The Canadian Hydrographic Service has had a successful Arctic data acquisition season. This was made possible through the Oceans Protection Plan and the support of three Canadian Coast Guard vessels with specialized seabed mapping programs, as well as a contract survey vessel that included a surface vessel without crew. The hydrographic data acquired will allow the Canadian Hydrographic Service to produce and update nautical charts and publications for Arctic waters, directly contributing to safer navigation in the region. A total of 33,650 km2 was recorded in the Arctic in 2021.
Canadian Coast Guard seasonal icebreaking operations in the Arctic will resume in May 2022, however, the Coast Guard maintains a permanent presence in the Arctic year round.
“2021 has been another successful year for our Arctic regional team, despite the challenges presented by the COVID-19 pandemic. The Canadian Coast Guard continues to work in partnership with Indigenous peoples and Northerners to understand the unique priorities and challenges of the region so that they can continue to effectively deliver services and programs, and protect and preserve the Arctic ecosystems, now and in the future. “
The Honorable Joyce Murray, Minister of Fisheries, Oceans and the Canadian Coast Guard
“I would like to thank the Canadian Coast Guard and the Inuit and Auxiliary partners of the Canadian Coast Guard Northern for completing the 2021 Arctic season of operations. from Canada The Oceans Protection Plan ensures that the Canadian Coast Guard and Auxiliaries are able to provide essential resupply, search and rescue, icebreaking and survey services to our northern communities. These could not have been accomplished without the contribution and collaboration of Indigenous peoples and northern communities. “
The Honorable Omar Alghabra, Minister of Transport
“I am proud of another successful Arctic season to ensure the safety of sailors and the protection of the marine environment. Our dedicated and experienced crew members have worked hard to provide essential services like search and rescue and icebreaking to northern communities which are key to community resupply.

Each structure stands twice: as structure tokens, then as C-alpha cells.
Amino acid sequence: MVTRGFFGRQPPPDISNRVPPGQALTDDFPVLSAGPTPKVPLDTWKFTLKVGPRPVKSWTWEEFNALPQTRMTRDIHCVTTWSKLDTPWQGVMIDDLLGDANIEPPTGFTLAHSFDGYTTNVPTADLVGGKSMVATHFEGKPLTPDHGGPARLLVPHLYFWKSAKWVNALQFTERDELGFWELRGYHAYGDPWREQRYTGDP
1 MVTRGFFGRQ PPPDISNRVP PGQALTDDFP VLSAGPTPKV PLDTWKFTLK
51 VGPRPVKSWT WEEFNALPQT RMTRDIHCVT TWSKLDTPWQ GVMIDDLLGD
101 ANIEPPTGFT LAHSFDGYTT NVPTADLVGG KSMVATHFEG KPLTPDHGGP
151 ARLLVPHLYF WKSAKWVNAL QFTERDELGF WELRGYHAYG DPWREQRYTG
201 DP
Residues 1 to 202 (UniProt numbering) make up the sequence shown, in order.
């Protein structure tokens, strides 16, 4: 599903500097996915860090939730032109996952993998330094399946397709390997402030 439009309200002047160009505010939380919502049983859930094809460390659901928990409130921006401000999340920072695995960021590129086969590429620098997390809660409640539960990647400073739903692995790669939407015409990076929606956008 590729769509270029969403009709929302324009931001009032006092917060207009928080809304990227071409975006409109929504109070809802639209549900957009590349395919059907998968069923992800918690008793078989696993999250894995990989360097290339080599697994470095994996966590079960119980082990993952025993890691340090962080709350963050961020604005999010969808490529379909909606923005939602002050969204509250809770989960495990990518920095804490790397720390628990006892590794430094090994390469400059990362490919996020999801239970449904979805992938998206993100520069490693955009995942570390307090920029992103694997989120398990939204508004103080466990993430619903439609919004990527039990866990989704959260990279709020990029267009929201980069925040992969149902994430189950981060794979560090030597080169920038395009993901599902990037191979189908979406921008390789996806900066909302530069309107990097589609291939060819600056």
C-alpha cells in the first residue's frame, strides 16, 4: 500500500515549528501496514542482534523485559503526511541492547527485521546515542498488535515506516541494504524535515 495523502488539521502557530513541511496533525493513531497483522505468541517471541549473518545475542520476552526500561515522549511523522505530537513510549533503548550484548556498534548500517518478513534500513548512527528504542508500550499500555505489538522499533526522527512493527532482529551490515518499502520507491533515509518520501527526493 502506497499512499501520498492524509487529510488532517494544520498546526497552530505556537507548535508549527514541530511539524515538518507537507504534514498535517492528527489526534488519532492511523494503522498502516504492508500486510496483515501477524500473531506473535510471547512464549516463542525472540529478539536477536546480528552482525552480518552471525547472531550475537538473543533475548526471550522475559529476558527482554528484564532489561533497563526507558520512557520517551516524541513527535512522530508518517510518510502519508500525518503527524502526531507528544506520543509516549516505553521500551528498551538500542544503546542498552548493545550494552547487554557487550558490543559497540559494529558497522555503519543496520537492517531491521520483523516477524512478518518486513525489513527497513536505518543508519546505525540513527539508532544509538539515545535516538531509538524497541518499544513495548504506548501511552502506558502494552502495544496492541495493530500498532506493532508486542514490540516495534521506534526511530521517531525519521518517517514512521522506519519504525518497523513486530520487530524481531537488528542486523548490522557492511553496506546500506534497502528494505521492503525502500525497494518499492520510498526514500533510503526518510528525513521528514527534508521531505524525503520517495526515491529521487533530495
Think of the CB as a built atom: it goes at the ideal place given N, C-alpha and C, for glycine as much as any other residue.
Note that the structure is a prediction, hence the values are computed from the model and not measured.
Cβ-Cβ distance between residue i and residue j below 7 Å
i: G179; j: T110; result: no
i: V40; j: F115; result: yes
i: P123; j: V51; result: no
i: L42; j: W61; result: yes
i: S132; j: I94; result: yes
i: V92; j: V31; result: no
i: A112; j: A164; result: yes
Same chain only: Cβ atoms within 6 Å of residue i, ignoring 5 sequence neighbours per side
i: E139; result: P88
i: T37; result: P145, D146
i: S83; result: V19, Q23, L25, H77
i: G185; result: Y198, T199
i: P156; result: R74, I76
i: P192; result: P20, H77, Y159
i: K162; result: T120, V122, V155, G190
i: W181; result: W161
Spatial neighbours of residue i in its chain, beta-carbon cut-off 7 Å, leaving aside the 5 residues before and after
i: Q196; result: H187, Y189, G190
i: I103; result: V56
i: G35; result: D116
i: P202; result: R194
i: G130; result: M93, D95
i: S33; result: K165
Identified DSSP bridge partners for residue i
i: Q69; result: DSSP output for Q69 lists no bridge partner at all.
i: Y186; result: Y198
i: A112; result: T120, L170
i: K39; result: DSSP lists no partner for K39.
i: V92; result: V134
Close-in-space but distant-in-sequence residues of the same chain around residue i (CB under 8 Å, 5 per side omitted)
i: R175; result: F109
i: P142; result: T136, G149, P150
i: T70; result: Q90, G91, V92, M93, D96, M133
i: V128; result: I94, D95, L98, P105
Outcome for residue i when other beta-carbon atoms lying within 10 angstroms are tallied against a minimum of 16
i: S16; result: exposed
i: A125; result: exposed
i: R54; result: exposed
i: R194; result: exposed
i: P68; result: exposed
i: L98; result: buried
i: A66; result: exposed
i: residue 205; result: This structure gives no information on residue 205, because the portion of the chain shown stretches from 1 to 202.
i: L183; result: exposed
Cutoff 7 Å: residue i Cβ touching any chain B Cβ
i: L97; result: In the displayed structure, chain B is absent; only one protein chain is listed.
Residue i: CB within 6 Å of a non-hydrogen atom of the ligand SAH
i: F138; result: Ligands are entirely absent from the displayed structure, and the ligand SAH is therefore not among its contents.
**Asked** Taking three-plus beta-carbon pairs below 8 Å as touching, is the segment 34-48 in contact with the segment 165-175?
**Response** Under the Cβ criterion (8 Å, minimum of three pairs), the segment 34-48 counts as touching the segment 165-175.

Mario pelletier, Commissioner, Canadian Coast Guard
“Many challenges have arisen since the onset of the COVID-19 pandemic, however, the Canadian Coast Guard’s level of service has been maintained. Our Arctic region is growing and our presence throughout the year is an important part of building positive and effective relationships. collaborate with our northern partners. We continually work with Inuit, First Nations and Métis governments and organizations, as well as all northern partners, to expand an Arctic region that works for all Canadians.
Neil o’rourke, Assistant Commissioner, Canadian Coast Guard, Arctic Region
The Canadian Coast Guard also provides seasonal aids to navigation services which are essential for commercial vessel traffic in the Canadian Arctic during the summer months, including on the Mackenzie River and Great Slave Lake in the Territories. of the Northwest. Both the CCGS Dumit and CCGS Eccaloo are operational from June to October in the Northwest Territories.
In collaboration with the Department of National Defense, the Canadian Coast Guard coordinates maritime search and rescue operations at three Joint Rescue Coordination Centers (JRCCs) located in Halifax, Trenton, and Victoria.
Between June 17 and November 20, 2021 our arctic operations recorded the following:
58 commercial escorts
11 ice reconnaissance missions by helicopter
42 337 nautical miles traveled by combined icebreakers
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SOURCE Canadian Coast Guard